Alternately titled: Sticks, Mud, and a Puzzle; What Else Could a Kid Need?
Last Sunday, we had K3 and Toad for most of the afternoon. They rode home from church with us, and while I was cooking lunch, they and DH worked on putting together Toad's favorite puzzle. I have to admit, it was quite entertaining listening to the dialog between an engineer (DH) and a two year old (Toad) while they chose pieces and figured out where each piece went.
DH: "Which piece do you want to do next?"
Toad: "This one."
DH: "What does it have on it?"
Toad: "Part of the tire."
Silence while Toad attempted to put the piece where he thought it should hook to the part of the puzzle they'd all ready completed.
Followed by DH: "Tires don't go in the engine compartment!"
And the next piece. . .
DH: "What is on that one?"
Toad: "A tire." He proceeds to try to put it on the front of the tractor.
DH, trying to help: "Look at the treads; they're pretty big. I think that is a rear tire."
Toad tries to put the piece where the other front tire goes.
DH: "No, look at it. The treads are big."
Toad tries five times to jam the piece into the front of the tractor. DH finally offers him a different piece.
Toad: "This one has green."
DH: "Where on the tractor do you see green?"
Toad: "The steps for the farmer to climb on."
He proceeds to put the 'steps' in the correct spot, and grabs the same tire piece as he had before, again attempting to put it in the front of the tractor. . .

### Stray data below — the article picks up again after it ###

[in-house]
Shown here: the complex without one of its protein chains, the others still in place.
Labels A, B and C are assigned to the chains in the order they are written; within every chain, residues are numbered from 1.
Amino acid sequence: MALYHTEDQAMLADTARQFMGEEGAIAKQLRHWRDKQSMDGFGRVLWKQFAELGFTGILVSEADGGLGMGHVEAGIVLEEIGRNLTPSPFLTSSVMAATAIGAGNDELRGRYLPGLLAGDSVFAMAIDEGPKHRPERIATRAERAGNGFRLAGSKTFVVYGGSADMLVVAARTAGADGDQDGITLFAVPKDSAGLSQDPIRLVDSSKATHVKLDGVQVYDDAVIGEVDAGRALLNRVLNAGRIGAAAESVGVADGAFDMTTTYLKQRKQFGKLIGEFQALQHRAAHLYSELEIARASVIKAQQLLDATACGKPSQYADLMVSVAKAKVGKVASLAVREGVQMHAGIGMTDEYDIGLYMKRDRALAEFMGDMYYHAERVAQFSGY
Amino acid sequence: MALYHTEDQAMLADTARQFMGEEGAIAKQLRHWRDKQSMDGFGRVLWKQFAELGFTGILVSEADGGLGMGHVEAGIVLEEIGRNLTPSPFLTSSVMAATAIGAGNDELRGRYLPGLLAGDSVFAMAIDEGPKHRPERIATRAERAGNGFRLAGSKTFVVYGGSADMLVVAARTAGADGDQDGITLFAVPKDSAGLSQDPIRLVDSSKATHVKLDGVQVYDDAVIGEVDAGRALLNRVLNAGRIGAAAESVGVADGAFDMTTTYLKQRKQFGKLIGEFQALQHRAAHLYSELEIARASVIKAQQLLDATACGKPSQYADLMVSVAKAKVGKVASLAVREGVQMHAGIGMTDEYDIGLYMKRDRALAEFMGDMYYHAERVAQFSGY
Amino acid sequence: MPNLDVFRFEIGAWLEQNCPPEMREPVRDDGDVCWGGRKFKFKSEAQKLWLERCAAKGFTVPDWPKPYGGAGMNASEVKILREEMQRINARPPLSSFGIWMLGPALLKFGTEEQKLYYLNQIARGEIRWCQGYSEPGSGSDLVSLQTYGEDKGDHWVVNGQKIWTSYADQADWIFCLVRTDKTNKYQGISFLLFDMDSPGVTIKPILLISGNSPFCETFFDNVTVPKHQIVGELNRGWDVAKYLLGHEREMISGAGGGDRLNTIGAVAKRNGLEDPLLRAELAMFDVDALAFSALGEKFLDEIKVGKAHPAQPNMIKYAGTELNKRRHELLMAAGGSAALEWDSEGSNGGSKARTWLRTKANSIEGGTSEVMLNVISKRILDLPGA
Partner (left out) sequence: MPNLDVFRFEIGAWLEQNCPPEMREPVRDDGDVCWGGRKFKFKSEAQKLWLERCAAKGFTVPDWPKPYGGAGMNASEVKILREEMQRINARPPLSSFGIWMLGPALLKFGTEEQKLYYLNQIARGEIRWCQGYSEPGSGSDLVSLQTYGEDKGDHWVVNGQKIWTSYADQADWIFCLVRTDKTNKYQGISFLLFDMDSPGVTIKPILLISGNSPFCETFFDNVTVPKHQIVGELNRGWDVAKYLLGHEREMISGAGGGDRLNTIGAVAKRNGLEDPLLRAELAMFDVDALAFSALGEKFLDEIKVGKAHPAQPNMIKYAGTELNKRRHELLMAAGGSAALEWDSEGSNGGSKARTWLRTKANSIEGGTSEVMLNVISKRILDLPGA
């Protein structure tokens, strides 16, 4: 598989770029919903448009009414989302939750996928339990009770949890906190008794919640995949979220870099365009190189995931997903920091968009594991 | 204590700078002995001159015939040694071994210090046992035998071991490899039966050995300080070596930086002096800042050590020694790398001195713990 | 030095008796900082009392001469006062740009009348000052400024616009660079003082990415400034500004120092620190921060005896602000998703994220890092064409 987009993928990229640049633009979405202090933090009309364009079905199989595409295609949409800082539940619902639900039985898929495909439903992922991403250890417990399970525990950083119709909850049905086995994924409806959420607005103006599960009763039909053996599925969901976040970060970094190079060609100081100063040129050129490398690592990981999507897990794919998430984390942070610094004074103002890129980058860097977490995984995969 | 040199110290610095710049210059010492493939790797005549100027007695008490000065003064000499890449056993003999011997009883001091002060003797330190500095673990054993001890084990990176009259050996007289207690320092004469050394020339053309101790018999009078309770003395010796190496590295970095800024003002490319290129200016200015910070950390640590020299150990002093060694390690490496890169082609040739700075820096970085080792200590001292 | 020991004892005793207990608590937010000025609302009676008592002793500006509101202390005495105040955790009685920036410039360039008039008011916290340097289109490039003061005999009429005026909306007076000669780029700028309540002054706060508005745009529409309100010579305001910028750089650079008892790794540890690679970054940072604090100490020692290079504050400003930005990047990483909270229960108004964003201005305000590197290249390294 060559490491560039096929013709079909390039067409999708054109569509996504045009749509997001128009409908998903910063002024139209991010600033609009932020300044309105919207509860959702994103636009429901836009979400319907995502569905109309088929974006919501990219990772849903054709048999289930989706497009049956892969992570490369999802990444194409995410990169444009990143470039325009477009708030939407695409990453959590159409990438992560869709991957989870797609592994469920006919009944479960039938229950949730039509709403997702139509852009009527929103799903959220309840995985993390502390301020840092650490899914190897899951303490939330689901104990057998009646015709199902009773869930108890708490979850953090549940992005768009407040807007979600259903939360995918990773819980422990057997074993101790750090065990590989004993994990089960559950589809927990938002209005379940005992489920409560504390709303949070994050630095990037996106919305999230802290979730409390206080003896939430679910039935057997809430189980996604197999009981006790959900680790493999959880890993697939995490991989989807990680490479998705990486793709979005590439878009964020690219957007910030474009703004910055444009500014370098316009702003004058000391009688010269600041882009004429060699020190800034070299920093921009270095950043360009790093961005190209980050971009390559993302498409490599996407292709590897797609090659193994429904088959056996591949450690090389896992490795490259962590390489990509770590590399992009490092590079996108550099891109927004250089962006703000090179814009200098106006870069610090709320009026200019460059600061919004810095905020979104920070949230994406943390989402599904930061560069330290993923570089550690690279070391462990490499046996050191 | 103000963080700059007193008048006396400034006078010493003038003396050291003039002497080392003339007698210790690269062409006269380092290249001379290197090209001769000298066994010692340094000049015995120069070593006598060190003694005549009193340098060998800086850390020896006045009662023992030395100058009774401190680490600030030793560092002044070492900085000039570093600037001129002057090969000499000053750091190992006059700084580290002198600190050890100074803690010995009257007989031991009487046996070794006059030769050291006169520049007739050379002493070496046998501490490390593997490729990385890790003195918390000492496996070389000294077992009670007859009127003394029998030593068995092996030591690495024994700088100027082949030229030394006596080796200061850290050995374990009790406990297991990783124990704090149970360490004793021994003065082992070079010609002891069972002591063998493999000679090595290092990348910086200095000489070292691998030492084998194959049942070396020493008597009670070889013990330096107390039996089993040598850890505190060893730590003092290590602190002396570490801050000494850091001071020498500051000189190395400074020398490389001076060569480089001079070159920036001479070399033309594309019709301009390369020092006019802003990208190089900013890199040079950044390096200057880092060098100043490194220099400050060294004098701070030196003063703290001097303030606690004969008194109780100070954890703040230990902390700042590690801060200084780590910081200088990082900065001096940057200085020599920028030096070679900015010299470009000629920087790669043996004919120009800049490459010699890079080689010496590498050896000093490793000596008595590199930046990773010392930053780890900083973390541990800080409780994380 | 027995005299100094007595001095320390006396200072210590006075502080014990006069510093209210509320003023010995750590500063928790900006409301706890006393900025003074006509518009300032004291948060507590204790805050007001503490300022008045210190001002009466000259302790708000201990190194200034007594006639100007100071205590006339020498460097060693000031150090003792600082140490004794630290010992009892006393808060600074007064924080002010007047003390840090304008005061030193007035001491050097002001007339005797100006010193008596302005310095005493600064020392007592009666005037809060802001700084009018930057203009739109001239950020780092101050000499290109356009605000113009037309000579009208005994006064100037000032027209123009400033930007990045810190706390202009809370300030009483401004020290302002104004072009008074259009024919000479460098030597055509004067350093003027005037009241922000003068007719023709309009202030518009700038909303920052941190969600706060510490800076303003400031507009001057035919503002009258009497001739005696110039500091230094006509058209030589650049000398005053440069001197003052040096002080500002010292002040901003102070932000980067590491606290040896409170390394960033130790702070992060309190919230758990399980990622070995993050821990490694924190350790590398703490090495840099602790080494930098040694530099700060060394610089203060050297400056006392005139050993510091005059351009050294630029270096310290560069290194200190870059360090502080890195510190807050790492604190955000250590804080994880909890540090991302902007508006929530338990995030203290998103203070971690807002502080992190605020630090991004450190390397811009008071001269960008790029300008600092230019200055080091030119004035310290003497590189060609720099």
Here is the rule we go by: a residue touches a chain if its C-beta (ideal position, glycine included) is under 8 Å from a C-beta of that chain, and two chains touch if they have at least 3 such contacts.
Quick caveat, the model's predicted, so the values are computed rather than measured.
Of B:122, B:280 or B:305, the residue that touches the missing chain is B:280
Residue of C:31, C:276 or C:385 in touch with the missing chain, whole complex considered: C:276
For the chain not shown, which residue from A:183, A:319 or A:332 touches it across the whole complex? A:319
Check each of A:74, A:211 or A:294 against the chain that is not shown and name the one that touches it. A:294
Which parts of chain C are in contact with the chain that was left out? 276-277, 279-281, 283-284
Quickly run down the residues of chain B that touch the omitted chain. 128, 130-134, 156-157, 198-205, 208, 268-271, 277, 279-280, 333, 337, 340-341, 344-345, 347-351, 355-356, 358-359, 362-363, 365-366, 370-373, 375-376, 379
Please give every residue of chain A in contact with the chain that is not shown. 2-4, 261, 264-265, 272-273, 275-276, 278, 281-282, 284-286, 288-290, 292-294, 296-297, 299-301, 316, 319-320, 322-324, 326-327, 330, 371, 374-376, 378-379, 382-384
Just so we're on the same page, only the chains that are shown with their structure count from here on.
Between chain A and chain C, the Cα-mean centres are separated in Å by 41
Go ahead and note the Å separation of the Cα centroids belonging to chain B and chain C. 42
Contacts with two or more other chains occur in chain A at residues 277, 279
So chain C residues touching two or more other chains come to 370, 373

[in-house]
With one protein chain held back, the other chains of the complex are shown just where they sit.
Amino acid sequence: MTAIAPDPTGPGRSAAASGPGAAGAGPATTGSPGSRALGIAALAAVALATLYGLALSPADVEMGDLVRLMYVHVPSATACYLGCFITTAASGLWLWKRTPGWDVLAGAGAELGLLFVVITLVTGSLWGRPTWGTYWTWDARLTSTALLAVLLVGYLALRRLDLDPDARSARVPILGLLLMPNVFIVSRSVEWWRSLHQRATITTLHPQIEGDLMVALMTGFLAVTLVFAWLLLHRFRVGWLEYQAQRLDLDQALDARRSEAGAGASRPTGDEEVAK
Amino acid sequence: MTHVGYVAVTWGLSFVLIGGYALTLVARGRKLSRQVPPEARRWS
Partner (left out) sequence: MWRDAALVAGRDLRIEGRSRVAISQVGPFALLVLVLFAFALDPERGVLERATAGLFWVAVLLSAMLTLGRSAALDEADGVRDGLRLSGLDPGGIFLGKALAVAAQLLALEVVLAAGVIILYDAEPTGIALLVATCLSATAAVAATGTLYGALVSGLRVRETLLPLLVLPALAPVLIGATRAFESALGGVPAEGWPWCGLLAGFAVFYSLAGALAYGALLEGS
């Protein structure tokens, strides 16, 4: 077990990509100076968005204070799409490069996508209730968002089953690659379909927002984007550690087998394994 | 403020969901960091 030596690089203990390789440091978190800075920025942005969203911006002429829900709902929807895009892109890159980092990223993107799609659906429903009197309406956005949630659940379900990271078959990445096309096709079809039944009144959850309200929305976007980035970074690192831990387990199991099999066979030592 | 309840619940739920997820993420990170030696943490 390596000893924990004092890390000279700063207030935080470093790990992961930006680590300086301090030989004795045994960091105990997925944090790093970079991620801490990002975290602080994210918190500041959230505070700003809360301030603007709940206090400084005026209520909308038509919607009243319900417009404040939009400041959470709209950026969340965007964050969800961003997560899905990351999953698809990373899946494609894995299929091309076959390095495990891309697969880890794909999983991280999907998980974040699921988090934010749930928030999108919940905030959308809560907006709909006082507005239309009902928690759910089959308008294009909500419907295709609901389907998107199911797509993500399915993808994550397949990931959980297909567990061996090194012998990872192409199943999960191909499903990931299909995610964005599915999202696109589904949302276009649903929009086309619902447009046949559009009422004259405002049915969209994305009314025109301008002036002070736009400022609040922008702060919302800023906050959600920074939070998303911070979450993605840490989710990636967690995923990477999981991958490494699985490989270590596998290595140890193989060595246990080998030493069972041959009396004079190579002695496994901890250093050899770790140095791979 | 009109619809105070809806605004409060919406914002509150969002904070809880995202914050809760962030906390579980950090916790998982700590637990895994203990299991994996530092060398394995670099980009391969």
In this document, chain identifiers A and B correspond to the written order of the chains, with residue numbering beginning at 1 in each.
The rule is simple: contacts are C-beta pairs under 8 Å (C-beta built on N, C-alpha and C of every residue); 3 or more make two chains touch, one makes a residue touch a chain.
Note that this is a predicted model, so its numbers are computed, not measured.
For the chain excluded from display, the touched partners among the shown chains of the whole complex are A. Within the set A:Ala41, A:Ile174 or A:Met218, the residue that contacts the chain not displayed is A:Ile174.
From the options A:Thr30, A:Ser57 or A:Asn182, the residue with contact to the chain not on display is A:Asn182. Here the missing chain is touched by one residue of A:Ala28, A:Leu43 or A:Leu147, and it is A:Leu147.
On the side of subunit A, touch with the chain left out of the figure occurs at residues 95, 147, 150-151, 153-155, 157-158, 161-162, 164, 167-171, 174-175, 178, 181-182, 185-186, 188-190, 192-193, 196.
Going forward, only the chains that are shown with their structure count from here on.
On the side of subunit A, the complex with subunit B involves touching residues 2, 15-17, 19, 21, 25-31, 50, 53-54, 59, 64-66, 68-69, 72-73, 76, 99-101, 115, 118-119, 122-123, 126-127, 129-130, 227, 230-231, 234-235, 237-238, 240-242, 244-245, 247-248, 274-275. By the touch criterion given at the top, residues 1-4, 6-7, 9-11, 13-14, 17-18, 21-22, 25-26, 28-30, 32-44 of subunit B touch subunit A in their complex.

DH: "Tires don't go in the engine compartment!"
The puzzle finally got completed, all tires in their correct locations, and boy was Toad proud.
After lunch, we all put on our outdoor gear and headed out to the woods. DH hooked the wood hauler trailer onto the tractor so the kids wouldn't have to walk all the way. Unfortunately, the debris on the trailer from hauling in firewood on Saturday was a bit muddy. . . K3's barely worn new snow pants will never be the same.
The kids had a blast in the woods while DH cut up some recent blow-downs. They 'skated' on frozen puddles. They tried to break air bubbles that had frozen in the ice by pounding the bubbles with sticks. They examined woodpecker holes in trees. They used sticks to beat pinata-style on a bunch of leaves that were still on a tree branch high over their heads. They even talked DH into letting each of them climb the ladder to the maple stand and sit in the chair up there, 'looking for deer' like he does when he is hunting.
They had a ton of fun, most of it with nothing more complicated than a stick and some imagination.